Ubuntu: Putting all lines that match specific pattern at the end of the file



Question:

I have number of .txt files that look like this:

XXXXXXXXXXXXXX  NNNNNNNNNNNNNN  NNNNNNNNNNNNNN  NNNNNNNNNNNNN  NNNNNNNNNNNN  NNNNNNNNNNN  XXXXXXXXXXXXXX  XXXXXXXXXXXXX  XXXXXXXXXXXXX  XXXXXXXXXXXX  NNNNNNNNNNNNN  NNNNNNNNNNNN  NNNNNNNNNNNNNN  NNNNNNNNNNNNNN  

Is it possible to give a command in bash that all the lines that start with N should end up at the end of the file. So I am expecting something like this:

XXXXXXXXXXXXXXXXXX  XXXXXXXXXXXXXXXXX  XXXXXXXXXXXXXXXX  XXXXXXXXXXXXXXXX  XXXXXXXXXXXXXXXXX  XXXXXXXXXXXXXXXXXX  XXXXXXXXXXXXXXXXXXX  NNNNNNNNNNNNNNNN  NNNNNNNNNNNNNNNNNN  NNNNNNNNNNNNNNNNNNNN  NNNNNNNNNNNNNNNNNNN  NNNNNNNNNNNNNNNNNN  

..and to do it on all files from one folder.


Solution:1

You can use this:

{      grep -v '^N' file.txt      grep '^N' file.txt  } > file.txt.temp  mv file.txt.temp file.txt  

This works by matching all lines that do not start with 'N' (grep -v '^N') then matching all lines that do start with 'N' (grep '^N'), outputting into a temporary file, then replacing the original with the temp file.

Then if you wanted to use this on all *.txt files in a directory:

for f in *.txt; do      {          grep -v '^N' "$f"          grep '^N' "$f"      } > "$f".temp      mv "$f".temp "$f"  done  


Solution:2

Here are a couple of options using awk

First, the KISS version - using a couple of temporary files a and b:

for f in *.txt; do     awk '/^N/ {print > "b"; next} {print > "a"}' "$f"    cat a b > "$f"  done  

Just because. . .

What you really want to do is an in-place sort with a custom sort order (lines starting with N after everything else, then original order), for example in GNU awk:

function mycmp(ia, a, ib, b) {    x = substr(a,1,1) == "N"    y = substr(b,1,1) == "N"    if (x && !y) return 1    else if (!x && y) return -1    else return ia - ib  }    {a[FNR] = $0}    ENDFILE {    for (i in a) print a[i]  }  

Newer versions of gawk provide an in-place extension - borrowing the reference implementation from 16.7.4 Enabling In-Place File Editing we can put it all together as a gawk script, Nsort.awk say:

#!/usr/bin/gawk -f    @load "inplace"    function mycmp(ia, a, ib, b) {    x = substr(a,1,1) == "N"    y = substr(b,1,1) == "N"    if (x && !y) return 1    else if (!x && y) return -1    else return ia - ib  }    BEGIN {    inplace = 1    INPLACE_SUFFIX = ".bak"    PROCINFO["sorted_in"] = "mycmp"  }    BEGINFILE {      if (_inplace_filename != "")          inplace_end(_inplace_filename, INPLACE_SUFFIX)      if (inplace)          inplace_begin(_inplace_filename = FILENAME, INPLACE_SUFFIX)      else          _inplace_filename = ""  }    {a[FNR] = $0}    ENDFILE {    for (i in a) print a[i]  }    END {      if (_inplace_filename != "")          inplace_end(_inplace_filename, INPLACE_SUFFIX)  }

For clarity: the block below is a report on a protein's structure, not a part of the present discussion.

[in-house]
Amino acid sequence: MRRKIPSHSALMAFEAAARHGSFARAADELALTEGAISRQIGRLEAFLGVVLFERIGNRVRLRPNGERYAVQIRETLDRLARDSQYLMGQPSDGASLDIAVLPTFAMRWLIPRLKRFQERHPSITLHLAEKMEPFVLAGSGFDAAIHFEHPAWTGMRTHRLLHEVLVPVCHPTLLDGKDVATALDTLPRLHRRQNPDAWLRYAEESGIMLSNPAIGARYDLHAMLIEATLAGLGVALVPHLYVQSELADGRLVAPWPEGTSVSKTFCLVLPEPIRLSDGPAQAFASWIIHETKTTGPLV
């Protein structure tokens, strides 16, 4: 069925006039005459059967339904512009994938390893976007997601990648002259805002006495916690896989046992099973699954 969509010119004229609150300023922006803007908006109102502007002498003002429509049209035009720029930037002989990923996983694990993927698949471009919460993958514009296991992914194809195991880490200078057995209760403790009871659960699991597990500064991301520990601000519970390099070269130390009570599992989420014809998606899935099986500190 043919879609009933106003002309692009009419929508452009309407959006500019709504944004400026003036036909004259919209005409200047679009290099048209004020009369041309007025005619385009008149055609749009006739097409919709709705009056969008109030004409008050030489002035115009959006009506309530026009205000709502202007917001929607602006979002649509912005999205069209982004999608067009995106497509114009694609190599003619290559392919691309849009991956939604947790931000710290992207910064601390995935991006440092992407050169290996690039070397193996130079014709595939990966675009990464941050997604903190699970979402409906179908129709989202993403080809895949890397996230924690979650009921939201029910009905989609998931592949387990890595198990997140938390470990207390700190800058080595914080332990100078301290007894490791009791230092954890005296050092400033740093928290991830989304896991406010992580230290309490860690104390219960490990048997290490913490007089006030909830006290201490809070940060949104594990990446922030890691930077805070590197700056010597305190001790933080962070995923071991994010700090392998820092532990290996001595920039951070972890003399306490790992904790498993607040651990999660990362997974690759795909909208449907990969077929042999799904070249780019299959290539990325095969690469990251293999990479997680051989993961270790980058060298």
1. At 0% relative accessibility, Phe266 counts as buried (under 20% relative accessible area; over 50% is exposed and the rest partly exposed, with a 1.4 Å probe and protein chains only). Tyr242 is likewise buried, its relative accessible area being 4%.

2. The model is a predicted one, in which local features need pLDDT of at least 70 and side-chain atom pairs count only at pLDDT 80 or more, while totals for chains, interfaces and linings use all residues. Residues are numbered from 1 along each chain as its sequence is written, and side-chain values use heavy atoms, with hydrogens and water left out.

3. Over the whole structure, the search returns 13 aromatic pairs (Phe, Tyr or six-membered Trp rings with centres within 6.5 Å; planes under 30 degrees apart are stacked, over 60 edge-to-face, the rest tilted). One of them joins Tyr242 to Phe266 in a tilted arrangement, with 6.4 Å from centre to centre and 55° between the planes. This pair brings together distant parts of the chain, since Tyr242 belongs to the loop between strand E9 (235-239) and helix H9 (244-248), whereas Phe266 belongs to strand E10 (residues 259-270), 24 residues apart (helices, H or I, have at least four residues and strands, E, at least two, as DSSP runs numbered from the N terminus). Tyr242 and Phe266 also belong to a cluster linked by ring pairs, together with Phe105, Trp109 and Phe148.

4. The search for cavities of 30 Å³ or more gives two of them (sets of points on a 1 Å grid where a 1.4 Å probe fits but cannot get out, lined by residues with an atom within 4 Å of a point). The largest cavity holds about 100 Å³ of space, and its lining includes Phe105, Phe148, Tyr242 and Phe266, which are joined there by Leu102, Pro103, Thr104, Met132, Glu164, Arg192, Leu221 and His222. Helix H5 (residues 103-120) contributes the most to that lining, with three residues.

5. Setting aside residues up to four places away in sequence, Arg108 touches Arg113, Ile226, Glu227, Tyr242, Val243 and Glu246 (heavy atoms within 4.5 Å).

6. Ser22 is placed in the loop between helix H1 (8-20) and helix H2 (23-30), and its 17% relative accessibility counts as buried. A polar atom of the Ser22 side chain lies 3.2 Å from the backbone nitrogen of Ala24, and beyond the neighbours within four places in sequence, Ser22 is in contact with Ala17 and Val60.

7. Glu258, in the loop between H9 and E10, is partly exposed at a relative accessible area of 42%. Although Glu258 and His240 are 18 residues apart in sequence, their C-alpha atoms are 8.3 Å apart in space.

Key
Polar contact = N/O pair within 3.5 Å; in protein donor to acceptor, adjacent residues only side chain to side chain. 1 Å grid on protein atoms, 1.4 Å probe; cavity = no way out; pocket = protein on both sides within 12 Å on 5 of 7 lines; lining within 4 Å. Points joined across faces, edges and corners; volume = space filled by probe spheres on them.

Make it executable with chmod +x Nsort.awk and run it as

./Nsort.awk *.txt  


Solution:3

GNU awk (version 4.1.0 and later)

awk -i inplace '/^N/{ printlast = printlast $0 RS ; next } { print $0 } ENDFILE { printf "%s",printlast ; printlast="" }' file1 file2 file3  
  1. Use -i inplace to replace the original file with the reordered file. CAUTION: This will overwrite files that are set read-only.
  2. If a line starts with N, append the line to the buffer printlast.
  3. Otherwise, print the line.
  4. At the end of the file, print the buffer printlast, then reset it for the next file.
  5. Specify as many input files as you want (eg, a.txt b.txt c.txt or *.txt).

Replace -i inplace with -i inplace -v INPLACE_SUFFIX=".bak" to keep a copy of each original file. In this example, the backup copy filenames will all end in .bak.

Other versions of awk

If your version of awk can't edit files in place, and if you don't want to create temporary files, then you can pipe the output of awk through sponge (from the moreutils package):

ls -1 *.txt | \  while read file  do      chmod +w "${file}"      awk '/^N/{ printlast = printlast $0 RS ; next } { print $0 } ENDFILE { printf "%s",printlast }' "${file}" | \      sponge "${file}"  done  

You need to make the input files writable -- chmod +w "${file}" -- for sponge to modify them.


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